If you have any ideas of how my artwork could be used, leave a comment – I’d love to hear!
Here’s two dangle designs for dangle day Friday. Simple designs, perfect for getting into the weekend vibe.
These are both experiments where I’ve worked on vellum/parchment, the kind that is used for Pergamano.
The one on the left – the monogram A – is nowhere near as garish in colour in real-life; I really don’t know what the scanner has done to the colours. I drew the design with a metallic gold Sakura Gellyroll pen. I then used Tombow Dual brush pens to colour the design on the reverse. I used shades of yellow, orange, red and magenta, but the scanner seems to have removed much of the red. I also managed to smudge the colours too. I don’t think I’ll be using Tombows on Vellum again.
I do like the gold linework and I think I’ll draw this design out again and colour on the reverse with coloured pencils, like in the dangle design on the right.
You may recognise the design on the right as last weeks dangle design. I traced that design onto vellum using a white Uniball Signo pen. I altered some of the details and the style of lettering.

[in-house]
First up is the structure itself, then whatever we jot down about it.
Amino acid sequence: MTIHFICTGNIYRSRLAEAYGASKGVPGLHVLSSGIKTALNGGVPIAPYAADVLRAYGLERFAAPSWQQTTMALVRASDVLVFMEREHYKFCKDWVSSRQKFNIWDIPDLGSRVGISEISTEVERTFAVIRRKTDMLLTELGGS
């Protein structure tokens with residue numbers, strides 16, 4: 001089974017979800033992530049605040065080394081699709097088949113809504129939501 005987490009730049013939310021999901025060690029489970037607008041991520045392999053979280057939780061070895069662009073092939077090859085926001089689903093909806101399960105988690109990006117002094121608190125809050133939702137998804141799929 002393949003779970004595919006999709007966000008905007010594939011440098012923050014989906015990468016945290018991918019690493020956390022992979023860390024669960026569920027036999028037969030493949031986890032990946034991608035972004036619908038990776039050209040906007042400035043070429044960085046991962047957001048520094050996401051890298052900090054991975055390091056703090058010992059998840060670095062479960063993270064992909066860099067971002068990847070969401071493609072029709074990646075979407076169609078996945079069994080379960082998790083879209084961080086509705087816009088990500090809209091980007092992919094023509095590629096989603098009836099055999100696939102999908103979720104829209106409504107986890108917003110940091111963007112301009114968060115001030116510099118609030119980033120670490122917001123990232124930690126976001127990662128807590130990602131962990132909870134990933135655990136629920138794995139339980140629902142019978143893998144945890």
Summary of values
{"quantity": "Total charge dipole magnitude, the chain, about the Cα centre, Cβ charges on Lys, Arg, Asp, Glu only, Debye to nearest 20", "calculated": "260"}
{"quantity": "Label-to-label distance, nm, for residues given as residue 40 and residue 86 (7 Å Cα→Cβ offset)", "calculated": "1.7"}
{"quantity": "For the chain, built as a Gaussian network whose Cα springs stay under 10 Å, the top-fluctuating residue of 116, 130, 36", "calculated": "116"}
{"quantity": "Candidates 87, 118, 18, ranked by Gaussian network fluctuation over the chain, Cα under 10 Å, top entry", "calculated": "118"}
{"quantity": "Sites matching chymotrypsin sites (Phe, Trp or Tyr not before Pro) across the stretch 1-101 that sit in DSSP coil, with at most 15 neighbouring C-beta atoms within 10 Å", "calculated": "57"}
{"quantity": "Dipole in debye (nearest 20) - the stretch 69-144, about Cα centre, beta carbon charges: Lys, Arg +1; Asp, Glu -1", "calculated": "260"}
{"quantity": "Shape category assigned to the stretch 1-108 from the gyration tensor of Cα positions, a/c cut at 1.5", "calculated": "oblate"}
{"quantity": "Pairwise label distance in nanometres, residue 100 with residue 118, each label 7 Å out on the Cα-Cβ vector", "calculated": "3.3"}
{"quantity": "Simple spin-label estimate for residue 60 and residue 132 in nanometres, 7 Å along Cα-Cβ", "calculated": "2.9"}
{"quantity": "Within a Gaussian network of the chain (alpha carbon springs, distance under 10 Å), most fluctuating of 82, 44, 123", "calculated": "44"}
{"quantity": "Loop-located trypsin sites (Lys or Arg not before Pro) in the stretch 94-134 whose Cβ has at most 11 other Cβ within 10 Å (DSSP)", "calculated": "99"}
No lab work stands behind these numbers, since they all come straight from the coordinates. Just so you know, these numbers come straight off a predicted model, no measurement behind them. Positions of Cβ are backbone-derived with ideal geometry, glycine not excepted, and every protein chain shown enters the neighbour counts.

Next, I did a little bit of ‘whitework’ on the reverse. This gave the highlights on the design that help to give the illusion of dimension as well as some texture. I let the design rest under a heavy book for an hour or so.
Finally, I used my Chameleon coloured pencils to colour the design in, again doing this on the reverse.
I like the colours on this one. The vellum mutes the colours somewhat, but it also softens any imperfections in the colouring.
I’m not sure about the white lines though. I need to try this one with some coloured paper underneath to help the lines stand out a bit more. I’ll post an image of it if it works.
I’d like to draw this design in gold and see how that looks. I may try black too. As well as using coloured pencils, I want to try using Copic or Chameleon markers to colour the designs in, to see how they work on vellum.
These certainly were experiments, which I’ve learned from. Not only that, I’ve got some ideas to try out the next time I use vellum. I’m trusting I’ll find the combination of line colour and colouring medium that works for me and my style of working.
What would I do with these designs? Well, they would both work really well as spreads in Bujos, planners, journals and scrapbooks. I also think the monogram would make a lovely bookmark. They’d both make nice greetings cards or notecards. I’m sure there’s lots of other things they could be used for, such as framed pictures.
If you have any suggestions for how they could be used, leave a comment.